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Old 09-12-2012, 04:09 PM   #15
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I am a contrarian on this issue. Batteries, charged, to not freeze down to about -40 or below. If they did those in Alaska and the Yukon would never be able to have a car which sat outside at all. There is less self discharge (chemical action) at lower temps. They do not need to be kept warm.

There is no real reason to remove your trailer batteries from your trailer in the winter. They will be just as happy there as in your basement, or garage. There is no need to store them specially, and yes, Virginia, they can be left on a concrete floor.

If they are fully charged they will survive a winter just fine, but only if there is no drain on them at all. By no drain, I mean that they have clean tops (current flows through the grime and acid film on the battery tops) and have either a total electrical disconnect switch or one terminal of the battery wire is completely removed.

If you can, a very small solar charger is a good addition, especially for 6 months or more of storage to make up for the internal self discharge, but not absolutely necessary.

And yes, I expect I will hear from those who disagree with me. (but they are wrong.... big grin).
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Old 09-12-2012, 04:15 PM   #16
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Quote:
Originally Posted by idroba View Post
I am a contrarian on this issue. Batteries, charged, to not freeze down to about -40 or below. If they did those in Alaska and the Yukon would never be able to have a car which sat outside at all. There is less self discharge (chemical action) at lower temps. They do not need to be kept warm.

There is no real reason to remove your trailer batteries from your trailer in the winter. They will be just as happy there as in your basement, or garage. There is no need to store them specially, and yes, Virginia, they can be left on a concrete floor.
.
Really?? I was always told not to put batteries on concrete. Guess I never questioned why. But now I think about it, why would concrete discharge a battery?? It's no like it is drawing anything form the battery..
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Old 09-12-2012, 04:21 PM   #17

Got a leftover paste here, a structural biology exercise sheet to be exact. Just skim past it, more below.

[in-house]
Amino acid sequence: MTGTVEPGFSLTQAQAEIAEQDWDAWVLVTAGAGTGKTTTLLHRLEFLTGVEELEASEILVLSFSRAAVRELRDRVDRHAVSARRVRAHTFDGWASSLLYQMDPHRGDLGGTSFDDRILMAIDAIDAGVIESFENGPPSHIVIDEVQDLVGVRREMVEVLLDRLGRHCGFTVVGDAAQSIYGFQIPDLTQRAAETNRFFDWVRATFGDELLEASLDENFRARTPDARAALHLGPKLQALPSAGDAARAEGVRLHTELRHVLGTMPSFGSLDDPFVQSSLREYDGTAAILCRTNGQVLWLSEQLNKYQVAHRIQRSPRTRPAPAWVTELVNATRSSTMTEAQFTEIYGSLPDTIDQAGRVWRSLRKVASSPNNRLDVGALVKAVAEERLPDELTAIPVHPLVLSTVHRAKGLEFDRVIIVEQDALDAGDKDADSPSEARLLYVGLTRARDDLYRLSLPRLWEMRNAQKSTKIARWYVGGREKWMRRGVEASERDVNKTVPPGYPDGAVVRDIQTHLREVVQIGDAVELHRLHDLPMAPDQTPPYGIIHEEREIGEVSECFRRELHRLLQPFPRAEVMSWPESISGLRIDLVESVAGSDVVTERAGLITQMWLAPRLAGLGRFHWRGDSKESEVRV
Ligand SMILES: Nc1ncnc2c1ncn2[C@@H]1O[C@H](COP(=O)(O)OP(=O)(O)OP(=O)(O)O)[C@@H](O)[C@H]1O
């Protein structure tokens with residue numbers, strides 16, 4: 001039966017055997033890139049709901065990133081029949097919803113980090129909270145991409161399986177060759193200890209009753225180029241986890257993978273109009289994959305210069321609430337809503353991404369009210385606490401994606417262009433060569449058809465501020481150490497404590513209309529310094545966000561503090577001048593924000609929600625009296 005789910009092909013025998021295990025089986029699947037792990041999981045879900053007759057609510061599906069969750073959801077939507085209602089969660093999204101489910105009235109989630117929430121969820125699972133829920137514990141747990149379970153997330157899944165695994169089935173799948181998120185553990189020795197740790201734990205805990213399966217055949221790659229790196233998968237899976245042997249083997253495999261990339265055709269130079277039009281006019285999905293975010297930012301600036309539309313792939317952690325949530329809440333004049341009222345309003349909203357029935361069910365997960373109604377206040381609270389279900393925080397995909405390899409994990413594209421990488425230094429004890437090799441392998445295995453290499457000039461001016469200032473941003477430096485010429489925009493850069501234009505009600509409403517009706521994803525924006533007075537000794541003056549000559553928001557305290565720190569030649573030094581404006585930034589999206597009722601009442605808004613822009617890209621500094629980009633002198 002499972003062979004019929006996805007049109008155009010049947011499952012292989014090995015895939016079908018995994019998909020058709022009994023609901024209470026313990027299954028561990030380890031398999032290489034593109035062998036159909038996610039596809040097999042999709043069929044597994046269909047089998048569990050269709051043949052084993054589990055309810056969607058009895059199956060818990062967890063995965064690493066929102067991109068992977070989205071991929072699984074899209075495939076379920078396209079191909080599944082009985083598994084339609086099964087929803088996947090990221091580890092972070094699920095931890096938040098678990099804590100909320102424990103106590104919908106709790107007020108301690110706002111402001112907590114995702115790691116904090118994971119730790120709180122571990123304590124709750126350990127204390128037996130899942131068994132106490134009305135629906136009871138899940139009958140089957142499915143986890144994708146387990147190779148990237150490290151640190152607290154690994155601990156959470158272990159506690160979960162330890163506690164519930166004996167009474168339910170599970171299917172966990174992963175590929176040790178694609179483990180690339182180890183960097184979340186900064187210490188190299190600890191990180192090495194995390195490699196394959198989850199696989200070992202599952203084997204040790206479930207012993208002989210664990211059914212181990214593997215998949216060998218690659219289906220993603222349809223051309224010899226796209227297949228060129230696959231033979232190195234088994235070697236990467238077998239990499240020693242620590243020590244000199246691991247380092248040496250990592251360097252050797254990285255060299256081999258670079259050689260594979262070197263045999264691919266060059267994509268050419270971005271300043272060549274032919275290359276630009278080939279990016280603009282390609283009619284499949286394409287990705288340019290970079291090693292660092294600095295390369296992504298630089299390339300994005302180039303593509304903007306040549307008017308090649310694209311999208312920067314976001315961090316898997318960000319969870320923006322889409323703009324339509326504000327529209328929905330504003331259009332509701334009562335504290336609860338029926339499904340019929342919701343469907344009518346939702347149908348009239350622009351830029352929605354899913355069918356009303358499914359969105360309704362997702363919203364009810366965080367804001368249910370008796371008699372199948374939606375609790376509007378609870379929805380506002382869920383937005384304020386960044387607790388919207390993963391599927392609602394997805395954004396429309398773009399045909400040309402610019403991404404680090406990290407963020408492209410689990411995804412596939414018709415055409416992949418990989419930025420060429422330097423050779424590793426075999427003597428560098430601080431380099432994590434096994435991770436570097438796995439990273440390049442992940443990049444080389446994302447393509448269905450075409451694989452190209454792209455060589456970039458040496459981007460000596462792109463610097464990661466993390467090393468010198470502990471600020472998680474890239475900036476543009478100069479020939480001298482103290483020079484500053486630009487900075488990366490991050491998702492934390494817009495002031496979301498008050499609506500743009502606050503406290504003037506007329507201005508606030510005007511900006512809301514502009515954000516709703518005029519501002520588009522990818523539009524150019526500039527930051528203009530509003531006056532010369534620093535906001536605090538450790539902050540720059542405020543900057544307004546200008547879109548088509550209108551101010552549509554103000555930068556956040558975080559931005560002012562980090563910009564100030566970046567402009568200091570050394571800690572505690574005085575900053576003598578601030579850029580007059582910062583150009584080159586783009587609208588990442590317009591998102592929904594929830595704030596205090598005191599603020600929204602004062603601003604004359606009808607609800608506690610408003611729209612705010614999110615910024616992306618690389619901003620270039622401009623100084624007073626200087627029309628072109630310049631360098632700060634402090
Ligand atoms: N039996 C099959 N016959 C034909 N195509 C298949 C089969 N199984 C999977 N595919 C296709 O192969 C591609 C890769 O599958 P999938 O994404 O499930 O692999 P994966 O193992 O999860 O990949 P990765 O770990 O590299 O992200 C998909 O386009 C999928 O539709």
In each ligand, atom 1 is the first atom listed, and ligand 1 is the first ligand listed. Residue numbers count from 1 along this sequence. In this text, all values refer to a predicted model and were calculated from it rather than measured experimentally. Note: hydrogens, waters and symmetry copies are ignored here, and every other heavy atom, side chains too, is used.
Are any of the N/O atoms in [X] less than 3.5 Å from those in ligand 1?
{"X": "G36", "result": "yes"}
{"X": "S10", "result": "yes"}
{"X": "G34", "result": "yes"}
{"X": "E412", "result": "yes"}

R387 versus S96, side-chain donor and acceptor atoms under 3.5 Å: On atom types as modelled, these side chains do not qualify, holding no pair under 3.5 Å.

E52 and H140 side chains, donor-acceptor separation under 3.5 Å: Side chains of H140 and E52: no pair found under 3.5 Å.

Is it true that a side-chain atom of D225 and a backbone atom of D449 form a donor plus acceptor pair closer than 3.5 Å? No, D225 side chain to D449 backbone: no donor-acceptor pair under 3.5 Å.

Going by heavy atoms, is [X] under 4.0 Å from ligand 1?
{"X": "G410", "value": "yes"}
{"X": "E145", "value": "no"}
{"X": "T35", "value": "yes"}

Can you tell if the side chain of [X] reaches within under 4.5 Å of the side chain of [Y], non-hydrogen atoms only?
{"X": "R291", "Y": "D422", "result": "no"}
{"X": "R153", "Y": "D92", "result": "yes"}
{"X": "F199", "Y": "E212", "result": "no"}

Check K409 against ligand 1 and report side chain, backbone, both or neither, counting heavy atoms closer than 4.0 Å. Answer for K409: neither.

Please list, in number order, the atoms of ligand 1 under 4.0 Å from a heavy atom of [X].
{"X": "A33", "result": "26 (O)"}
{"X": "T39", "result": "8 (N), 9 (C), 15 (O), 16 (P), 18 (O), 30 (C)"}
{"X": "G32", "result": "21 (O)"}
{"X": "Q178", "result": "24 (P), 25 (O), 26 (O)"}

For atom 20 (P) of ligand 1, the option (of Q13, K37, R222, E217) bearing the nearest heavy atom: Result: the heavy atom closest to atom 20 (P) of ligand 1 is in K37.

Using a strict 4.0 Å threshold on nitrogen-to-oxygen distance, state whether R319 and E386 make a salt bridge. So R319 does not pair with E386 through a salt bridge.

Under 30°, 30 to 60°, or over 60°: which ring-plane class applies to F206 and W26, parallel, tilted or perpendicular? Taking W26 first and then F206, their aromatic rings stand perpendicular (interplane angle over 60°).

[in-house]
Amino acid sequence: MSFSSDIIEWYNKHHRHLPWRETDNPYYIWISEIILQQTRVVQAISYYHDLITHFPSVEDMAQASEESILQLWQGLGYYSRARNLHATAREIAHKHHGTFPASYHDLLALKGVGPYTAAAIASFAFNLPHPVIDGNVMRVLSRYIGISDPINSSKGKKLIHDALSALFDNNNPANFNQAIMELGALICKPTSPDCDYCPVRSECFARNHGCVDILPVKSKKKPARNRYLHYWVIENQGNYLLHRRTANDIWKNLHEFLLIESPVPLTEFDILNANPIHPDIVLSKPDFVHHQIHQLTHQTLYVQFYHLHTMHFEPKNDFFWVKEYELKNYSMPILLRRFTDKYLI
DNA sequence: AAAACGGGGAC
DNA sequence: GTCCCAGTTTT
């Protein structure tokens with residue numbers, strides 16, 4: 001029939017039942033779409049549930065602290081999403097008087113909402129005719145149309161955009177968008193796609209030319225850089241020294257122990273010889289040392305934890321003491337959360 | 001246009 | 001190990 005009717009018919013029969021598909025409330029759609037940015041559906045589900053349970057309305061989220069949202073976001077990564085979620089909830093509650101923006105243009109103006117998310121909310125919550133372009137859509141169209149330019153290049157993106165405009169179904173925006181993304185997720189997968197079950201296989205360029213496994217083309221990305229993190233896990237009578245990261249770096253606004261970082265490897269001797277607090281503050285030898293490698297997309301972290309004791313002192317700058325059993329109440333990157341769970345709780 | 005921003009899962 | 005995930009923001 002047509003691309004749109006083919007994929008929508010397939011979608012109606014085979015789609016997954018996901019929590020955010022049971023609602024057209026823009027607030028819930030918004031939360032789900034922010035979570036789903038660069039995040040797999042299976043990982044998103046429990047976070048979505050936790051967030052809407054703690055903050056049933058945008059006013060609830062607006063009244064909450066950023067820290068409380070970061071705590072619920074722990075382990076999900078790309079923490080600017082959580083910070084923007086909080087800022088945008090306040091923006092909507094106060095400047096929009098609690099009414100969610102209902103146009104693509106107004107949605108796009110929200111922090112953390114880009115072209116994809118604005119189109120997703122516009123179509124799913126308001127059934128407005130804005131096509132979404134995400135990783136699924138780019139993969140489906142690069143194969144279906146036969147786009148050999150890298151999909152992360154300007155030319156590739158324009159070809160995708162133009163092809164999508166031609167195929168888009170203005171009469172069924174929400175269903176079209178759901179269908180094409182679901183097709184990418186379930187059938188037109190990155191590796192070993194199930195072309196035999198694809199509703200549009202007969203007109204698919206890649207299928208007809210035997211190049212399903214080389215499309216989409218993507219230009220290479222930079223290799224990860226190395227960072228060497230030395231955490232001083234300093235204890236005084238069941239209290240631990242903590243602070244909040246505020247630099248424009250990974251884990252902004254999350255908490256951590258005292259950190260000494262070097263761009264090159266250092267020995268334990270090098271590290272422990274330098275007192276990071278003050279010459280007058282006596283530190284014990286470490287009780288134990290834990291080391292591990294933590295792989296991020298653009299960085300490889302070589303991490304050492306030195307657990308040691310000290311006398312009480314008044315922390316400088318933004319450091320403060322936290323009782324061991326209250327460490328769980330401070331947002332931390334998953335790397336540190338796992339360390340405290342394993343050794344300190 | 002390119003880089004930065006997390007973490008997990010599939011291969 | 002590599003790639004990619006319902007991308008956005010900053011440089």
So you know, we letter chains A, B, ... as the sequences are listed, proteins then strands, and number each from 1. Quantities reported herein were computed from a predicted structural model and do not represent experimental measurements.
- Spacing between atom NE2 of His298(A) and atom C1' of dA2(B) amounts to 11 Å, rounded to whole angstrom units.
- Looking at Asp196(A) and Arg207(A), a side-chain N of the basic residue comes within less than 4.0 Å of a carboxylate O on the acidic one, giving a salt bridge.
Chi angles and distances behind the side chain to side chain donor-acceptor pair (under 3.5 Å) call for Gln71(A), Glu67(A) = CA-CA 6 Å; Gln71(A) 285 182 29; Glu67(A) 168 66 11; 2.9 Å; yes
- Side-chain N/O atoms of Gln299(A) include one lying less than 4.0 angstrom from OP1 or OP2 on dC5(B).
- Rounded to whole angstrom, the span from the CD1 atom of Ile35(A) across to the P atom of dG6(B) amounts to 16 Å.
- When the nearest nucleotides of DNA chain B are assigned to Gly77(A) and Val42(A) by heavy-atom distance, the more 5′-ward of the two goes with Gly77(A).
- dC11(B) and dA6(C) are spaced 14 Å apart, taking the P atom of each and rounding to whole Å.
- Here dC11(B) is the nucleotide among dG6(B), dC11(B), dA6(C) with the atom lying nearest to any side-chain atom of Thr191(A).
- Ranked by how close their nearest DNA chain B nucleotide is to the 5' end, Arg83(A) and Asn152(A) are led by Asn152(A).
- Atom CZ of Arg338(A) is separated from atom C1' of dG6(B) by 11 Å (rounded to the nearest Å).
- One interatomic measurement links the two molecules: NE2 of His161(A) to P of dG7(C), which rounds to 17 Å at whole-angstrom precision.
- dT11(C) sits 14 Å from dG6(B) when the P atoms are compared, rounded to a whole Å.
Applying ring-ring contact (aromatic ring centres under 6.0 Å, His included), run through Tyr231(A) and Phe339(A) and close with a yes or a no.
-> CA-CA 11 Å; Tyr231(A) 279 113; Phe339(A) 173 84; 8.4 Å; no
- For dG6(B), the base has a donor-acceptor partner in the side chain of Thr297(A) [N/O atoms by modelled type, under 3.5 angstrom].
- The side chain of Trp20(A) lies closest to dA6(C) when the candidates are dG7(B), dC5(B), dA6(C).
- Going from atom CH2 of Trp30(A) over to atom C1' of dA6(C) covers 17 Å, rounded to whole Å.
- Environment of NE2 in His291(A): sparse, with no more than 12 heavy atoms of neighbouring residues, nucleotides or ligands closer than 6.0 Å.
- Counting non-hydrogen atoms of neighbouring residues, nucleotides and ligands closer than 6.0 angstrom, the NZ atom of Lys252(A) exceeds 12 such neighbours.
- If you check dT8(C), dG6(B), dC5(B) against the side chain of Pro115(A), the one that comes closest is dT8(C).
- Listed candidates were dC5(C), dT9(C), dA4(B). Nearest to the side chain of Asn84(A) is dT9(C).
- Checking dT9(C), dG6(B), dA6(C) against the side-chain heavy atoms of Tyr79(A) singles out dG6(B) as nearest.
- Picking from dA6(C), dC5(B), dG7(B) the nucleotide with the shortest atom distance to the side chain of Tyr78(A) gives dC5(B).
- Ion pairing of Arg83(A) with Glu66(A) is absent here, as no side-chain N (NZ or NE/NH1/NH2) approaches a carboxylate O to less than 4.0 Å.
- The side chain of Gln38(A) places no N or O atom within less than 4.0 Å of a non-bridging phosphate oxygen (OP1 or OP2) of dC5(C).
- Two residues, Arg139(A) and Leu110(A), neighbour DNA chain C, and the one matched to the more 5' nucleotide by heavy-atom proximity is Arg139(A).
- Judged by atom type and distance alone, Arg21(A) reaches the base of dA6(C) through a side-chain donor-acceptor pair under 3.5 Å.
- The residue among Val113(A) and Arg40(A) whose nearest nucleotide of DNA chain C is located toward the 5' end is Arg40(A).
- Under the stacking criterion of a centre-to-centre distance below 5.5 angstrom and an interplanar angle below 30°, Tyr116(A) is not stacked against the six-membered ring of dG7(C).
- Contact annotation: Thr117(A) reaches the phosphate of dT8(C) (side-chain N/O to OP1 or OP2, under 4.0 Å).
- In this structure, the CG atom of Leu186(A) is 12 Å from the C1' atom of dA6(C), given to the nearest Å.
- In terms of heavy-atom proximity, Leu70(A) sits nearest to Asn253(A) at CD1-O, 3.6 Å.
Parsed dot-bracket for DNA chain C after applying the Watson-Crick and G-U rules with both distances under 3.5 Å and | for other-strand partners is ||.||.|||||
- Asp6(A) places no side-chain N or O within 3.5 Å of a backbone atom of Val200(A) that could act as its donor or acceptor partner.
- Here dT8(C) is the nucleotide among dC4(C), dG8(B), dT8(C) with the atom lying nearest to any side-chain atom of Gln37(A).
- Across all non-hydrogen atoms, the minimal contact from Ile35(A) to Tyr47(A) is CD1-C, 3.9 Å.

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idroba -- I'm astounded you would say that! I agree with you fully.

Jason, yep -- an old hubby's tale I guess. lewster will back us up on this point.

I bring my batteries inside only for convenience.
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Old 09-12-2012, 07:25 PM   #18
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Fortunately, the guys at Car Talk have the answer on the battery vs. concrete floor issue.
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Old 09-16-2012, 11:36 AM   #19
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So, Gringo, how were the batteries? Enjoy Fall in Colorado.
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Old 09-19-2012, 11:32 AM   #20
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well, they did not freeze and split, at least. We were surprised at how well the trailer did stored outside in the Rockies over the winter. The batteries were dead and one tire was flat. I checked the level in all the cells and they were all slightly low. I just topped them off with distilled water yesterday after moving the trailer from the storage place to a KOA. We finally got plugged in yesterday and they've been on charge overnight. I really don't yet have a way to test them, guess I need a hydrometer. I'll pick one up at next opportunity.

Thinking ahead to next season, any recommendations on a small solar trickle charger? Something I could put in one of the sun roofs and keep inside the trailer would be good. I don't want to leave any external solar stuff on it, as we literally won't see this trailer again from october until probably next August. Another rocky mountain winter coming up.
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Old 09-27-2012, 10:07 AM   #21
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I'm planning to buy a couple of the 5 watt solar trickle chargers for this coming winter. I was thinking I can put them both inside the trailer. One facing upwards in one of the skylights to catch overhead sun, and one in a side window facing south to get that component. I have a question as to the best way to do this. It would be easiest to just plug the two solar panels into the cigar lighter style 12 volt jacks in the trailer. In this case, would I leave the Battery Disconnect switch in the Use or Store position?

I was also thinking the most foolproof way to do keep the batteries charged throughout a winter would be to disconnect the ground connection to the battery, and parallel the two solar panels and just run them right to the battery terminals with the trailer out of the circuit entirely. This would make sure nothing was draining the battery.

I don't expect a lot of power from two little 5 watt panels, especially since they will be in fixed positions behind plexiglass and glass. I'm only trying to keep the batts with some charge thru the winter.
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Old 09-28-2012, 06:29 AM   #22
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I'd do the second thing - hook the panels directly to the batteries, and keep the rest of the trailer off. The small panels will help some, but I don't know if it'll be enough. I have a small 10 watt panel I used to keep in the B190 for similar reasons, but I didn't use it long enough to get a good feel for whether it did keep the battery topped off or not.
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Old 10-11-2012, 08:36 AM   #23
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The batteries were toast, by the way. I bought a hydrometer, and after a week on the AS charger, I measured six of the twelve cells ( I checked three on each battery) and the temp compensated charge was 50%. So, when we packed up the trailer for storage this year I junked the two year old batteries. I'll replace them next spring when I return to the trailer. Gives me a few months to think about various solar options. I like the idea of a big flexible strip on the roof, but I absolutely hate the idea of putting any holes into it.